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View Diary: Anonymous Plans Internet Blackout Monday To Protest CISPA - Hillary's Speech Appears In Promo (132 comments)

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  •  History will probably show that the FOIA was (30+ / 0-)

    more significant than the other civil rights legislation that was passed. For, together with the Federal Tort Claims Act of 1947, which wrote finis to the principle of "sovereign immunity," the FOIA made it possible for the people to actually know what the representatives they elect and appoint are actually doing in their name.
    On the other hand, because this is a revolutionary change to the system that persisted from the founding to the end of World War II (petty potentates acting in the name of the people in a "in loco parentis" kind of way), there has been considerable push-back by ruling elites that don't want to be relegated to public servant status. So, since the laws, which were passed when much of the potential electorate was not politically involved and not considered important, cannot easily be repealed (as was DADT), the push-back has been less direct in the form of privatization and the elevation of "national security" concerns. That is, the duties and obligations of public officials, which are subject to public inspection, have been increasingly handed over to private corporations, which enjoy the protections of patent, proprietary, and privacy rights. "Out of sight, out of mind."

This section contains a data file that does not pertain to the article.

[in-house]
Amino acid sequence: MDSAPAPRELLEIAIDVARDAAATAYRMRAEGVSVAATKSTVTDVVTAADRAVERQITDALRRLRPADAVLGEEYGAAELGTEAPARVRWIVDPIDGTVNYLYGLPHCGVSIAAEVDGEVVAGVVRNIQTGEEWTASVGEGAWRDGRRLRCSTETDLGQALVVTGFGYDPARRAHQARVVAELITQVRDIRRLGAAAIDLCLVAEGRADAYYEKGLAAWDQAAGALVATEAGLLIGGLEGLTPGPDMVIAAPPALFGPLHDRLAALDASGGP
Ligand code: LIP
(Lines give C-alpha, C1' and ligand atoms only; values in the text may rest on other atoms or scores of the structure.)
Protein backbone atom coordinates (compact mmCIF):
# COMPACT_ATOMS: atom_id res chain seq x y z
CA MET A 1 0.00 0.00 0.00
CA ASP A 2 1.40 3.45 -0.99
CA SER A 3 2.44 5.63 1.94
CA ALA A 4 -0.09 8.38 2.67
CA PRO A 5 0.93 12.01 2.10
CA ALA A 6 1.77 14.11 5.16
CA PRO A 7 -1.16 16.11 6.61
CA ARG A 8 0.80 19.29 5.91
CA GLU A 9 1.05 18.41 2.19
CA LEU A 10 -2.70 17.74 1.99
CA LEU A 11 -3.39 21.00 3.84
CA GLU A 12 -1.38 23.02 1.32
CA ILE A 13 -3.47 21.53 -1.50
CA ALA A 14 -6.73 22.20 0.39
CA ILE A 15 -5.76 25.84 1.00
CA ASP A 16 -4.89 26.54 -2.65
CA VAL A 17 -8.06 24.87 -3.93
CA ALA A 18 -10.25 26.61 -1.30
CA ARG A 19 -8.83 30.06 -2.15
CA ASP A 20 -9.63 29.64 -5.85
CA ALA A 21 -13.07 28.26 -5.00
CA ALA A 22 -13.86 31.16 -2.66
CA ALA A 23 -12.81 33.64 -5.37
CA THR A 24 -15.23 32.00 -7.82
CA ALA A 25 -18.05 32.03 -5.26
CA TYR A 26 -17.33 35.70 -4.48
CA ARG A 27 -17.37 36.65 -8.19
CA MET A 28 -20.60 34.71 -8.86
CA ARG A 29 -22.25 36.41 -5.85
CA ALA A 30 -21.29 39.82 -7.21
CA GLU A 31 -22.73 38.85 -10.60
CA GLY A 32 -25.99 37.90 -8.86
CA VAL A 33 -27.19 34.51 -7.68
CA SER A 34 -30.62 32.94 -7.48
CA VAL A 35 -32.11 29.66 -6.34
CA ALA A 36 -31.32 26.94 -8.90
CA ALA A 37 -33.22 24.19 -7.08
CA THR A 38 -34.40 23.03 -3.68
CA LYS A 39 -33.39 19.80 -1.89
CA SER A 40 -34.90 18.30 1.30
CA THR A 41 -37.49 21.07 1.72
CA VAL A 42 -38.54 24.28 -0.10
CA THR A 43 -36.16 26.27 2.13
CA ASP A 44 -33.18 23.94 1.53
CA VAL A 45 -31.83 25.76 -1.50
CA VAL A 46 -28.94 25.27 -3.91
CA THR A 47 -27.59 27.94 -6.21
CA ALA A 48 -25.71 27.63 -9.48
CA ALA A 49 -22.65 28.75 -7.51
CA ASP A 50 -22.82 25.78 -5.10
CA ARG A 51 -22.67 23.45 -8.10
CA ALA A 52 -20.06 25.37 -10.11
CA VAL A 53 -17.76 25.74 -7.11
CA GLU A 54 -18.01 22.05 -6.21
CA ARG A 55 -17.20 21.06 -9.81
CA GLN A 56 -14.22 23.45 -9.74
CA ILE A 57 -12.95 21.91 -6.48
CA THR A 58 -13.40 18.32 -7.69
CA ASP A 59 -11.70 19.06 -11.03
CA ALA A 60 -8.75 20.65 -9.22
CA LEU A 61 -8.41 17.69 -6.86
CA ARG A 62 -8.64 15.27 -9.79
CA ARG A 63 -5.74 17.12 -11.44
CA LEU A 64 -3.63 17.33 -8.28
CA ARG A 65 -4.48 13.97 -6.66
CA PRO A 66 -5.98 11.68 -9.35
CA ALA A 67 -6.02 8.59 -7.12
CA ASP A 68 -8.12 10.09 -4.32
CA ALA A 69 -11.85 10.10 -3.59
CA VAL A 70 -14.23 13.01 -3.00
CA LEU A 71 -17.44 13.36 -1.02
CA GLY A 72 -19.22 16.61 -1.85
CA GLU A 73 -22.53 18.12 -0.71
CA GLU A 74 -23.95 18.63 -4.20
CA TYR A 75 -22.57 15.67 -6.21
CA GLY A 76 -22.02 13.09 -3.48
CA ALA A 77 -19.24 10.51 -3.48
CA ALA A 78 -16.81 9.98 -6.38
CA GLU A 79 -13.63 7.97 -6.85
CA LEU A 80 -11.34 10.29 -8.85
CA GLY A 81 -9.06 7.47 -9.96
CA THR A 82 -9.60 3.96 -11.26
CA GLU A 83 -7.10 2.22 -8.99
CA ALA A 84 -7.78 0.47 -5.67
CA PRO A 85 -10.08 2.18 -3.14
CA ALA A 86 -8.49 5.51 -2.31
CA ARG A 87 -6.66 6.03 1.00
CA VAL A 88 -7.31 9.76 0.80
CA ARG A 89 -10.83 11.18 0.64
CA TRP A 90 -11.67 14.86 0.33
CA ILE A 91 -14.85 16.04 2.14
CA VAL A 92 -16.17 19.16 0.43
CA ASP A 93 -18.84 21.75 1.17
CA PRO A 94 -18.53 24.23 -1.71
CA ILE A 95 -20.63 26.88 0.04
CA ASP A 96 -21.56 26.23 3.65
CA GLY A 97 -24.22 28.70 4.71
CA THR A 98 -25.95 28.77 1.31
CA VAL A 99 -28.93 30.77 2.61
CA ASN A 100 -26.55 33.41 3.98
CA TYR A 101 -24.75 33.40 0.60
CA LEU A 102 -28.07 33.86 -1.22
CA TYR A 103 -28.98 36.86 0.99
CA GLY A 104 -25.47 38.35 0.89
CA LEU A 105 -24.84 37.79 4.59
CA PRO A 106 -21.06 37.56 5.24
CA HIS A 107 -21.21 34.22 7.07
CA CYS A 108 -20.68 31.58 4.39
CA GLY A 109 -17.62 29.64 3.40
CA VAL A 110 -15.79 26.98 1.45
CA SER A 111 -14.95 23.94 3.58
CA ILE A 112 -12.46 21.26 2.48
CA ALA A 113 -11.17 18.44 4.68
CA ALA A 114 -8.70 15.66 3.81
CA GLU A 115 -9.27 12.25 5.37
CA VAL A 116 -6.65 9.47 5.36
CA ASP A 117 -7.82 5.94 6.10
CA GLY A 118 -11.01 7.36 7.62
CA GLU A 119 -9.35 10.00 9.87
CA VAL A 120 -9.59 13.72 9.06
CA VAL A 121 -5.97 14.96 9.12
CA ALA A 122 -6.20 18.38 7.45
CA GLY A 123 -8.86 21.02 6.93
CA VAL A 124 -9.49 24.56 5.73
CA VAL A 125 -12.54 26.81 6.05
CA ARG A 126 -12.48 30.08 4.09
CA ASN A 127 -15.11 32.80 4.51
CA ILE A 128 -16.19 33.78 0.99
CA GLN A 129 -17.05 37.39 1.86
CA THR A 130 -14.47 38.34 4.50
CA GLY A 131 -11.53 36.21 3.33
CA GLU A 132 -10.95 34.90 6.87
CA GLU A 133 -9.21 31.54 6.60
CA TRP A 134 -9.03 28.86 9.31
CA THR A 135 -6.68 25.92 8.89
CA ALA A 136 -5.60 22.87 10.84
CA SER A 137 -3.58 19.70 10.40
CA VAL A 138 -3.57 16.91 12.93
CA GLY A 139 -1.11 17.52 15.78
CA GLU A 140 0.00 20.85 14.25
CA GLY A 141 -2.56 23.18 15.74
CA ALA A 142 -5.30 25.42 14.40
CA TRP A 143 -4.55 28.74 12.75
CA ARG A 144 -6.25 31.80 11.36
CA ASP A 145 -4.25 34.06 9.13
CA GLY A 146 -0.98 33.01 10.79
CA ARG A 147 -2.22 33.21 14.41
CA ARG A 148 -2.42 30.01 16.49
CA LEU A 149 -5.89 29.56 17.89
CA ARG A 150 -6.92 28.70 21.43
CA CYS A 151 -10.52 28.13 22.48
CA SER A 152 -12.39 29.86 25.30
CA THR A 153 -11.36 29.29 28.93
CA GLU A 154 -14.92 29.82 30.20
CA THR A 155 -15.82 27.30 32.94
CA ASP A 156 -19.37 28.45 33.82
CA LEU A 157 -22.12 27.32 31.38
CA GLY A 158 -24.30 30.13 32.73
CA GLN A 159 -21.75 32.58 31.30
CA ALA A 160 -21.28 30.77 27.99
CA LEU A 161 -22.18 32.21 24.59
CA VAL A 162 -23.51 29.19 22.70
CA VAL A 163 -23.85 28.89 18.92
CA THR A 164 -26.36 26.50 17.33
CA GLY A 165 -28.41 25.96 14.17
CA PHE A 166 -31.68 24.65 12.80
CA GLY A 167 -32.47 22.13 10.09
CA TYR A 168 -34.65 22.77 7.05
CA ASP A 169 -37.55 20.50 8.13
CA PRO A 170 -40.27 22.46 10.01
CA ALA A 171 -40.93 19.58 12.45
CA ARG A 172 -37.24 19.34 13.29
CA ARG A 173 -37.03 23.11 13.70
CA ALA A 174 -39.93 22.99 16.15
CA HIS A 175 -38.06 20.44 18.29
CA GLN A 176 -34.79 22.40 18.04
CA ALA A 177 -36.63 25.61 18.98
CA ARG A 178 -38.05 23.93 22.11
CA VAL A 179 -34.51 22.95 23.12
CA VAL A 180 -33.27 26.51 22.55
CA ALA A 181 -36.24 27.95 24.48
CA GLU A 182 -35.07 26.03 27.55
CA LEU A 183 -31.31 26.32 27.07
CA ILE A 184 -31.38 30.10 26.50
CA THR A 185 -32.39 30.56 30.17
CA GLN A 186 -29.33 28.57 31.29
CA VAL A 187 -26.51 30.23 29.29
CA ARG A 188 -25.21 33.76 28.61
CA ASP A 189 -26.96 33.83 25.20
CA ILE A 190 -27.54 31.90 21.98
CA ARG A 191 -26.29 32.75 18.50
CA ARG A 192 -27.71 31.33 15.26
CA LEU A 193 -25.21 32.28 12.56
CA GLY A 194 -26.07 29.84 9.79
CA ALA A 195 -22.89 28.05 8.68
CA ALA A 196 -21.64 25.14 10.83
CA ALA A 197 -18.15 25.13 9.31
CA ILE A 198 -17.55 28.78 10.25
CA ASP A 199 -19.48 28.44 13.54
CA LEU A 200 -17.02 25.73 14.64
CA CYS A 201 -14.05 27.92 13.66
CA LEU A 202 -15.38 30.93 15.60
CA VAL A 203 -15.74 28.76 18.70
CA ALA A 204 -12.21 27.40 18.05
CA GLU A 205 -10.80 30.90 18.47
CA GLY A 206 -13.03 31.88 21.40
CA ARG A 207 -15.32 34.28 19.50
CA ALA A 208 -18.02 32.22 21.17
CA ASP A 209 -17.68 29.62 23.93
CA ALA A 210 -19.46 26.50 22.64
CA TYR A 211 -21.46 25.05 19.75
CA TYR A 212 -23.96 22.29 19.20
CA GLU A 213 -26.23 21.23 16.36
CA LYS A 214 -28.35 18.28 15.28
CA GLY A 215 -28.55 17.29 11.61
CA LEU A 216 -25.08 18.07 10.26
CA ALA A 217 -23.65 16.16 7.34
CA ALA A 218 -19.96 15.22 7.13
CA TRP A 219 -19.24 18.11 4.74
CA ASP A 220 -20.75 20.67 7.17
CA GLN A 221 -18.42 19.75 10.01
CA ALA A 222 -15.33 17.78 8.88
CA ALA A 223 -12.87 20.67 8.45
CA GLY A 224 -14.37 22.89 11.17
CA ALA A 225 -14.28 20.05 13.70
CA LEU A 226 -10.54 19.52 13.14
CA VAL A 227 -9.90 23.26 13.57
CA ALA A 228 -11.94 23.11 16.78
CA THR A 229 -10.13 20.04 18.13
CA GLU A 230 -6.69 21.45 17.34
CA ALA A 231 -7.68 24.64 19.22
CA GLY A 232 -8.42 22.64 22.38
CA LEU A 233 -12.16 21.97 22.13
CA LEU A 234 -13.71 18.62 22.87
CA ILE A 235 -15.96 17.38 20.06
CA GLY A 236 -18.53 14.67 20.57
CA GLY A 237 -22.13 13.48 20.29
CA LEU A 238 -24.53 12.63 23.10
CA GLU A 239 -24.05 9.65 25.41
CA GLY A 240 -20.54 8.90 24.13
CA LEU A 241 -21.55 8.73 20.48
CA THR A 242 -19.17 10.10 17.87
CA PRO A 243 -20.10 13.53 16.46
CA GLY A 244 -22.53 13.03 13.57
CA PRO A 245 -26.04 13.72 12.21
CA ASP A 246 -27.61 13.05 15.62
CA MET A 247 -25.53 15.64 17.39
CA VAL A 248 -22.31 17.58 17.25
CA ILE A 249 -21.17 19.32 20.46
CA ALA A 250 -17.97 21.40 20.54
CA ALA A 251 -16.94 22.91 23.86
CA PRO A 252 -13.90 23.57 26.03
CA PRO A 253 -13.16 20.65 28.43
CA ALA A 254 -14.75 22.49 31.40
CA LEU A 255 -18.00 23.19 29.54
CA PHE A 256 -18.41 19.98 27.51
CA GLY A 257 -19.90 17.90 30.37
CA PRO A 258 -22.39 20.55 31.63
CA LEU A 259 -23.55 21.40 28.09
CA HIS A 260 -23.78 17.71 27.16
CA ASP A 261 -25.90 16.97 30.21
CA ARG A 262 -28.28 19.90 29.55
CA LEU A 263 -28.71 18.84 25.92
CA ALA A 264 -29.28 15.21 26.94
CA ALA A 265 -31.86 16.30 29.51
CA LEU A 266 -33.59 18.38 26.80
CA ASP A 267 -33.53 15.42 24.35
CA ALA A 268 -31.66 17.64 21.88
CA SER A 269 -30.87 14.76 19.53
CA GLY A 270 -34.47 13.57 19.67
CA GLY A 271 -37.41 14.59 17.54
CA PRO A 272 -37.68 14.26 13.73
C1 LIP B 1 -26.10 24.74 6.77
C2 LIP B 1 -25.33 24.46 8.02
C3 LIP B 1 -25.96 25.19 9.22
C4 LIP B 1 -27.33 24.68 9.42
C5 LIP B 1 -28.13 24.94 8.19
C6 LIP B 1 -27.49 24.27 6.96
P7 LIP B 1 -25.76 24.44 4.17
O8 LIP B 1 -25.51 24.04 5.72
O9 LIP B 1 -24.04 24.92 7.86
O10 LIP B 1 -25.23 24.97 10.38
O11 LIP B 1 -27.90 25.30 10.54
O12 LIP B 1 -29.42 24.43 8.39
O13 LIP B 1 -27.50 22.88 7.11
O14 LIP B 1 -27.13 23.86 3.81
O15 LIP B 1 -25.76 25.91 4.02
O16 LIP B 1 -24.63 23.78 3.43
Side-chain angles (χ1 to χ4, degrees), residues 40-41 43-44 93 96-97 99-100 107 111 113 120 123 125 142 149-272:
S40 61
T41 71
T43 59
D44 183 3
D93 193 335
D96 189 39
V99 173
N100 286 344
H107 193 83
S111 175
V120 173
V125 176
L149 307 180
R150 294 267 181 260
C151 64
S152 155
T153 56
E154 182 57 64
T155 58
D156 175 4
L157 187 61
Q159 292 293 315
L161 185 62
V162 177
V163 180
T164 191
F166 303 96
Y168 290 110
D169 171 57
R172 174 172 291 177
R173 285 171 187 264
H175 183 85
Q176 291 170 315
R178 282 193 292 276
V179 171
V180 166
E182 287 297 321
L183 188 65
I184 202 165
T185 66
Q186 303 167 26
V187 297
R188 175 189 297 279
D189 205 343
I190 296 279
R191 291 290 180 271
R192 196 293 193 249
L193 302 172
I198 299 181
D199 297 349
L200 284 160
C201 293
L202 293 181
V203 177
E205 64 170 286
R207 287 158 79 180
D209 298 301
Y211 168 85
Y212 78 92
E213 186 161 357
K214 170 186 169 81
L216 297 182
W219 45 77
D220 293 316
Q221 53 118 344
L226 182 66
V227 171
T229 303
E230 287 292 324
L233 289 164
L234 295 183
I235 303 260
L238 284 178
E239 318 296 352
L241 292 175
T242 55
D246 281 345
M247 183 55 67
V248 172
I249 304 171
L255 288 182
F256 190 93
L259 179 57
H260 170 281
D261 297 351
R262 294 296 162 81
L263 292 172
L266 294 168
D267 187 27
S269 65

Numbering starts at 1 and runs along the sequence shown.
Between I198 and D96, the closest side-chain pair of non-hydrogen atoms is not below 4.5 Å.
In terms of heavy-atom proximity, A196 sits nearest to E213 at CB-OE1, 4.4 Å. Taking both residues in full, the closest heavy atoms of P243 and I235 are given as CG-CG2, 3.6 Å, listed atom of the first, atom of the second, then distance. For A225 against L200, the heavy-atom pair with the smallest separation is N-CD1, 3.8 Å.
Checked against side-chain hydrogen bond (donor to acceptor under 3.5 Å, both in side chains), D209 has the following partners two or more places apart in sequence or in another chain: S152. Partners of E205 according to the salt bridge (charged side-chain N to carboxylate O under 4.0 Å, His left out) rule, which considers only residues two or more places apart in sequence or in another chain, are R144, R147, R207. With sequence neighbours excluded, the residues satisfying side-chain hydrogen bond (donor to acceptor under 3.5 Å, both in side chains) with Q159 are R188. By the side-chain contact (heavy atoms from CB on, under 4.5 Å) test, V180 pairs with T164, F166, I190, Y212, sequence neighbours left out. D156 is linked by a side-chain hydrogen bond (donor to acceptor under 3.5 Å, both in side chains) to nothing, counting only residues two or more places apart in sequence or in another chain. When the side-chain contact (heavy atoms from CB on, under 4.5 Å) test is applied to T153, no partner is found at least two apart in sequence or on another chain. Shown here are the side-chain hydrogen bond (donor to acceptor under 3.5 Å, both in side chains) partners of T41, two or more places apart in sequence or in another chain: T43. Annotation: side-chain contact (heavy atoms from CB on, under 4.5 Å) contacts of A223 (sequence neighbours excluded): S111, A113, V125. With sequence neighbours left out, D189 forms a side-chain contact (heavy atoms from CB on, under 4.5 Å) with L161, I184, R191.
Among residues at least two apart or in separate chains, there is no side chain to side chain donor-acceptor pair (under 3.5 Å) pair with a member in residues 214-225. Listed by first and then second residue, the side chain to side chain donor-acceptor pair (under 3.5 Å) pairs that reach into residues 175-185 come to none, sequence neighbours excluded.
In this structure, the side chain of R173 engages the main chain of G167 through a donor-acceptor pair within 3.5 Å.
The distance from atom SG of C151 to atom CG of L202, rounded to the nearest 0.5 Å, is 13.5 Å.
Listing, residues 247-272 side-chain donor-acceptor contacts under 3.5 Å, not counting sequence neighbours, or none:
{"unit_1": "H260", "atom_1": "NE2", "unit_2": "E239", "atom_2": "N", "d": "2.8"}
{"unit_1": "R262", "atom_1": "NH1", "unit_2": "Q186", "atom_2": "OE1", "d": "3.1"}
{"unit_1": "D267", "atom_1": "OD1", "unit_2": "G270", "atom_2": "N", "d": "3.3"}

In other words, "privatization" is for the benefit of public officials who want the influence, but not the obligations of public office. Moreover, since public services are not inherently profitable, private corporations have to be bribed to take them on -- i.e. they have to be paid a premium. Which is why contracted public services always cost more. (Perhaps we should call it the "privacy premium" -- what public officials have to pay to hide their negligence).
    Long story short, the effort to make public servants more accountable has prompted them to retreat into various strategies to regain secrecy, because secrecy is the key to power. "Transparency" is part of the effort, a compromise to avoid what is really feared--inspection and investigation. Transparency is a half measure, which is about as good as a half truth--i.e. worse than a falsehood, because intentional.

    People who lust for power will always be with us. Which is why democracy cannot run on automatic. It needs to be a constant, hands-on enterprise. Power, to be felt, has to hurt. The genius of democracy is that power is dispersed over the whole population, only to be assembled when and as needed. Power dispersed is not power-less. Think of iron filings that need a magnet to collect them. Force is what prompts people power to coalesce.

    We organize governments to deliver services and prevent abuse.

    by hannah on Sun Apr 21, 2013 at 03:55:59 AM PDT

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